Aziza Coin offers something that excites Damian more than reducing the fees. He has starting working on Acqumine, which has had discussions with the South African Revenue to internalise commodities taxation into a smart contract and eventually a pan-African commodities exchange that will enable host countries and local communities in the developing world to receive royalties due to them, while giving end customers piece of mind as to the true source of the minerals that make up consumer goods they buy.
Learn more about Aziza Coin at: www.Aziza.io
Based on IFA trail commissions of 3% upfront plus 0.5% per year, pension fund fees of 1.o% per year, fund of fund fees of 1% per annum and 10% profits and private equity fees of 2% per annum and 20% of profits on exit. Based on a dummy portfolio of five investments delivering an average of 140% over a seven year period.
Asset Management Market Study – Final Report Market Study – MS15/2.3-June 2017 recommendations 1.9 1.10 and 1.11 page 4 https://bit.ly/2tnjKVw
Note: Aziza Coin is not available for sale.
Distributed by APO Group on behalf of Financial Times Africa Representative.
Post Covid-19: The social impact of 4IR enabling technologies on the African continent
Tshiwela Ncube is the Co-Founder and COO at VUUQA.com
During this global pandemic, I have been thinking of how the world will change post corona. Will this pandemic thrust Africa into the Fourth Industrial Revolution (4IR)?
In this article, Tshiwela discuss the social impact that 4IR enabling technologies will have on the African continent and how they will assist in addressing various problems facing the continent mainly in the following sectors:
- Health–This sector will be impacted the most; technologies like AI will enable diagnosis where there are shortages of doctors and enable the inventory management of medication in rural areas.
- Agriculture – Technologies such as the Internet of Things (IoT) have the power to enable African farmers to optimize productivity and reduce wastage through “precision farming” which relies on testing and data analysis to assist in the managing of field variations.
- Financial – 4IR will increasefinancial inclusion in Africa by enabling the unbanked to participate in the economy through retail electronic payments platforms and virtual savings and credit supply technological platforms. Technologies such as blockchain are providing the informal sector with opportunities to gain access to credit.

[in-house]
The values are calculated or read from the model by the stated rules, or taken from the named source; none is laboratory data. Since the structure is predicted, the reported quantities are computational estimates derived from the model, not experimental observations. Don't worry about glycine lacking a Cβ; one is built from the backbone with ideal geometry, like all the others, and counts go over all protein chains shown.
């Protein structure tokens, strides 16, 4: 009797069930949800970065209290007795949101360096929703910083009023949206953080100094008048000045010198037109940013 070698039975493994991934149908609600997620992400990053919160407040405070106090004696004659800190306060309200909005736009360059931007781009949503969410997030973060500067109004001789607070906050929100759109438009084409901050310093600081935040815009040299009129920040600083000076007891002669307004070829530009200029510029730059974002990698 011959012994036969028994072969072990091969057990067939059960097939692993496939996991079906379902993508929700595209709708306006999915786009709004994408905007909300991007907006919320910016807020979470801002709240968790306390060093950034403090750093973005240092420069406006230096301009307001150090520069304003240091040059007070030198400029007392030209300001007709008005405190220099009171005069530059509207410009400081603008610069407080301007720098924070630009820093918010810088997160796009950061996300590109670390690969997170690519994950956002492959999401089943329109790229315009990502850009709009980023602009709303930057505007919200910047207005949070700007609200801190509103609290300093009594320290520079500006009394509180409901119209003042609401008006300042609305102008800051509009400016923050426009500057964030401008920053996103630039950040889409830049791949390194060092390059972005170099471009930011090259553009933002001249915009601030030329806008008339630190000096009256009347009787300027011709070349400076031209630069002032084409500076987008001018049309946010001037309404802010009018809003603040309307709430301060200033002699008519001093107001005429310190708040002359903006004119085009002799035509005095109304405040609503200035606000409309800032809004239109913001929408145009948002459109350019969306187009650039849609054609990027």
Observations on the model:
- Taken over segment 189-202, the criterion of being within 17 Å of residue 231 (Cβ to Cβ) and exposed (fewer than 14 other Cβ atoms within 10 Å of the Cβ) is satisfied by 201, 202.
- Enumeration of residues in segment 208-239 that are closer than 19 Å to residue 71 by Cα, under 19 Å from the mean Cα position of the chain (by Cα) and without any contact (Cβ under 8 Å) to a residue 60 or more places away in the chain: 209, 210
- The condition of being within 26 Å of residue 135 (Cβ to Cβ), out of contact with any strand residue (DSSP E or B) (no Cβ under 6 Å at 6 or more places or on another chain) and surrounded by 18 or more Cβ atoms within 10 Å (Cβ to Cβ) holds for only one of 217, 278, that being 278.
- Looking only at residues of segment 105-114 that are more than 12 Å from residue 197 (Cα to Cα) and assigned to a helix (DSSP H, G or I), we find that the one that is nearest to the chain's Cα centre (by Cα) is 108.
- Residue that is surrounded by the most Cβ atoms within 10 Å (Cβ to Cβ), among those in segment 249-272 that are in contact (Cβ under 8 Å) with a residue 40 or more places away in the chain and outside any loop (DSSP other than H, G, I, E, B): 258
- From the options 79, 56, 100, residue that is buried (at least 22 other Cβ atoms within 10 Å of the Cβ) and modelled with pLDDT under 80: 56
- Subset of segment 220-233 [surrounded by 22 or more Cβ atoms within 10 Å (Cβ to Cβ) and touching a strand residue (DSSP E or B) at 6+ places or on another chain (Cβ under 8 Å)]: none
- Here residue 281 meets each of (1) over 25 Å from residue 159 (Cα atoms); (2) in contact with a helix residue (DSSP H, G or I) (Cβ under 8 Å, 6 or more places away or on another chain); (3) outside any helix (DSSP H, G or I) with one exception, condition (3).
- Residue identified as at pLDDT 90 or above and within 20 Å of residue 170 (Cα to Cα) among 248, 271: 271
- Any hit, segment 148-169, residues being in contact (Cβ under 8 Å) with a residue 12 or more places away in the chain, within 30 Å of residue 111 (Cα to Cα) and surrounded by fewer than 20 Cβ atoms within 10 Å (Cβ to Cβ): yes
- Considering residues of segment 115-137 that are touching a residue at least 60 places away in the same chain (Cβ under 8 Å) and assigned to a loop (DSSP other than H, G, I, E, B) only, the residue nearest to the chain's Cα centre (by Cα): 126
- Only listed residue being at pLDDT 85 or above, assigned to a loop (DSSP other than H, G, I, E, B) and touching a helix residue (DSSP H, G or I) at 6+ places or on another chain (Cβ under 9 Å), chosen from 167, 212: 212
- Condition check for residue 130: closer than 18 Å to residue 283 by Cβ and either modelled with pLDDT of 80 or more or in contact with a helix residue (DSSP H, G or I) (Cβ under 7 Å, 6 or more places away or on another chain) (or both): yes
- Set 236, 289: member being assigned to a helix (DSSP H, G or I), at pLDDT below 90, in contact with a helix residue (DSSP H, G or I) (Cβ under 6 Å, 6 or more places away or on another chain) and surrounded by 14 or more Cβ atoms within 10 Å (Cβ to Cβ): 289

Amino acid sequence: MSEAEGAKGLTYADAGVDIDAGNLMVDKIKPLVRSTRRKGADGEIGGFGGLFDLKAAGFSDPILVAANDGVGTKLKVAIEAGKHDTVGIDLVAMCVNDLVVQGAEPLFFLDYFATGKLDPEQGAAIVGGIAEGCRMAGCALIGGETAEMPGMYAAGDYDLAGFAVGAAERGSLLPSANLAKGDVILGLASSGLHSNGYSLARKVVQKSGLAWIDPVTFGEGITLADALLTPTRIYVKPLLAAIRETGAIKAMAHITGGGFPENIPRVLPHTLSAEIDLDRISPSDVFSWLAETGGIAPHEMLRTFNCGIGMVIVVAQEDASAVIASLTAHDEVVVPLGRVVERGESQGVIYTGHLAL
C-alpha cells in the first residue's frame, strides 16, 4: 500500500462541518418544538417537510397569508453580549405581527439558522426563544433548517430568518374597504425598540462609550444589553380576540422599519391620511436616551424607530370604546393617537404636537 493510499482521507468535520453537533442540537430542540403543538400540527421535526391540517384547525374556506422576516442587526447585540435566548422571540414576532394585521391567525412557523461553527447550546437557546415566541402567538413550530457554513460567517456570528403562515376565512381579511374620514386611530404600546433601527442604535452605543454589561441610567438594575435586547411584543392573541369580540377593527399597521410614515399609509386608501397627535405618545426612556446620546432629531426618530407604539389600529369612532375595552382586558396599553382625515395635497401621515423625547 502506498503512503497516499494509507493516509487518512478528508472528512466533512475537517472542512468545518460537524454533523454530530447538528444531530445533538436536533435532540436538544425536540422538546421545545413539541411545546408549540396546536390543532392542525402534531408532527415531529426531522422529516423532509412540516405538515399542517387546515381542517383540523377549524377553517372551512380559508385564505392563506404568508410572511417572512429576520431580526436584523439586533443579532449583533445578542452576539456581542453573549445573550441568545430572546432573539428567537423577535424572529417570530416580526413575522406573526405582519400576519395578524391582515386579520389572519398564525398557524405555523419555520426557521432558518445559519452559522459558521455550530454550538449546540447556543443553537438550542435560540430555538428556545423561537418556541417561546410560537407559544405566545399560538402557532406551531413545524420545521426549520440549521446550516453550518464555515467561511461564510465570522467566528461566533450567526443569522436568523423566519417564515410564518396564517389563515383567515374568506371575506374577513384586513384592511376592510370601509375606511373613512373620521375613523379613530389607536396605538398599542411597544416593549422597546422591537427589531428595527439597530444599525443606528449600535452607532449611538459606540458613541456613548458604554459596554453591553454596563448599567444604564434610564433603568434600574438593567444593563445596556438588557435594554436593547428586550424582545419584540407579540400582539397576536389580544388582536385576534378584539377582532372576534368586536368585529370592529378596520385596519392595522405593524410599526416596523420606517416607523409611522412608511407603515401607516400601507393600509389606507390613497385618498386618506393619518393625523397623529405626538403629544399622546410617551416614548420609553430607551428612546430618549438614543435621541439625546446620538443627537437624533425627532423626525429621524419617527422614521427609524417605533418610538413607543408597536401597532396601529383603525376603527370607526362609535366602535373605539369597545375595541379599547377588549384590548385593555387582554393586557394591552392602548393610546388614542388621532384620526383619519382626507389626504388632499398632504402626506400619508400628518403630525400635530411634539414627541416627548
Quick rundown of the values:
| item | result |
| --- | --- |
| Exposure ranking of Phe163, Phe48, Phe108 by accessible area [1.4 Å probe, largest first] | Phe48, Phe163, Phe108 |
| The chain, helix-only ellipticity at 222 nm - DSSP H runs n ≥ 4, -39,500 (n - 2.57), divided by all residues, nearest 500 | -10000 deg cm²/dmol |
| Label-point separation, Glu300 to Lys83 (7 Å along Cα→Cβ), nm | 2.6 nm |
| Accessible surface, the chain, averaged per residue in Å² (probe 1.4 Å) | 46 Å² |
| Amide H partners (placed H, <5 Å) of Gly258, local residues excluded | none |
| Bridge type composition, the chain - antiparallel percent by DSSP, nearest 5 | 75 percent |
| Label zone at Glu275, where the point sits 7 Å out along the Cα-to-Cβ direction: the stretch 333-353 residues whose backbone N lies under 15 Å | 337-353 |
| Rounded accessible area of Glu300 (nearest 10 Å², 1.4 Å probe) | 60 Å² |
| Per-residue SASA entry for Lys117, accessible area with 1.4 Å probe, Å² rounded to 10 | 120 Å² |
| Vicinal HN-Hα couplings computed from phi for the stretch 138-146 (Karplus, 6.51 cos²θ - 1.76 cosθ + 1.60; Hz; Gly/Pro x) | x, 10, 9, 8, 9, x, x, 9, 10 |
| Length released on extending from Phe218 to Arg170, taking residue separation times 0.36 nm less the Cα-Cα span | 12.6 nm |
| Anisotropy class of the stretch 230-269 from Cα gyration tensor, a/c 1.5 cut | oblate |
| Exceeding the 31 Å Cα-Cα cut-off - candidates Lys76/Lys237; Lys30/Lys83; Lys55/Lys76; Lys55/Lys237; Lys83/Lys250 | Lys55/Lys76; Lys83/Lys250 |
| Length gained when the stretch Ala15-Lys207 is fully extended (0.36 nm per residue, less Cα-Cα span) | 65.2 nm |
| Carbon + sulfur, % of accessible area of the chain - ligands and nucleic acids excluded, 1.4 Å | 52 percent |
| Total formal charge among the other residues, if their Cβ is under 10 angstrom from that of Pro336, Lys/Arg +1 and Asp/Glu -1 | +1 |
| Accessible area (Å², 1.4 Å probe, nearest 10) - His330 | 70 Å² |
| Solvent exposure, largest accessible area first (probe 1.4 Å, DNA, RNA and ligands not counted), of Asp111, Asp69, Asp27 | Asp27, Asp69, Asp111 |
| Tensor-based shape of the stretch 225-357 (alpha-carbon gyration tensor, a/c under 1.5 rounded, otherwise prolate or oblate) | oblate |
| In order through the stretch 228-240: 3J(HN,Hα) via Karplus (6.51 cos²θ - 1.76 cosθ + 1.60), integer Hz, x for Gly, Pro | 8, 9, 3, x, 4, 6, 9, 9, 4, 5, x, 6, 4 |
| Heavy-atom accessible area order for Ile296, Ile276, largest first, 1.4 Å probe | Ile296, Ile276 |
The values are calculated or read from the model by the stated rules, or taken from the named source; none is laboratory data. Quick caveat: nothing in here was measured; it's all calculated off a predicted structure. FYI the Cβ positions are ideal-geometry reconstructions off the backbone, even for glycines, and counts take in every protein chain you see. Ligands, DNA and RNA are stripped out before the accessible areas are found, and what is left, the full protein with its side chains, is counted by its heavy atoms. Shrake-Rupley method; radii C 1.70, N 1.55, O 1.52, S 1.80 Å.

Most of these 4IR technologies have been implemented in Africa and many more are currently in testing phase. Africa continues to push innovation;however, a few challenges have the potential to impede the advancement of 4IR in Africa.
- Skills Deficit: To take full advantage of 4IR, Africa needs to invest heavily in cultivating the skills and capabilities of their labor force,lack thereof may result in job losses with technology replacing humans. When the labor is skilled it can work hand in hand with the technology.
- Infrastructure: Africa needs to improve its digital infrastructure in order to be able to access the advanced technology that enables 4IR. In countries like South Africa where data prices are expensive, the average man on the street can’t afford data therefore cannot connect to the internet affordably and easily.The result of poor digital infrastructure is that it reduces crucial connectivity which makes it difficult to effectively activate technologies like AI.
- Regulations: Africa needs to tighten and increase its cyber security to ensure the safety of people data and any possible fraud.Regulations should also be placed to enable African digital leaders to scale cross border, most especially with the new Continental Free Trade Agreement, this should be the time for Africa to align their processes and procedures in order to take full advantage of the rapid changes that 4IR is bringing.
4IR has the power to bring real fundamental social changes to Africa and to enable Africa to compete globally. It is up to African leaders to ensure that the environment is equip and conducive to forester such efforts. There was never a better time than now for Africa to move forward with the 4IR agenda and not only become a participant but a key player.
Article by: Tshiwela Ncube is an E-commerce thought leader, Co-Founder and COO at VUUQA.com
Facebook launches Tools to keep faith-based communities connected during COVID-19
The tools are part of Facebook’s ongoing efforts in keeping communities safe, connected and informed during this pandemic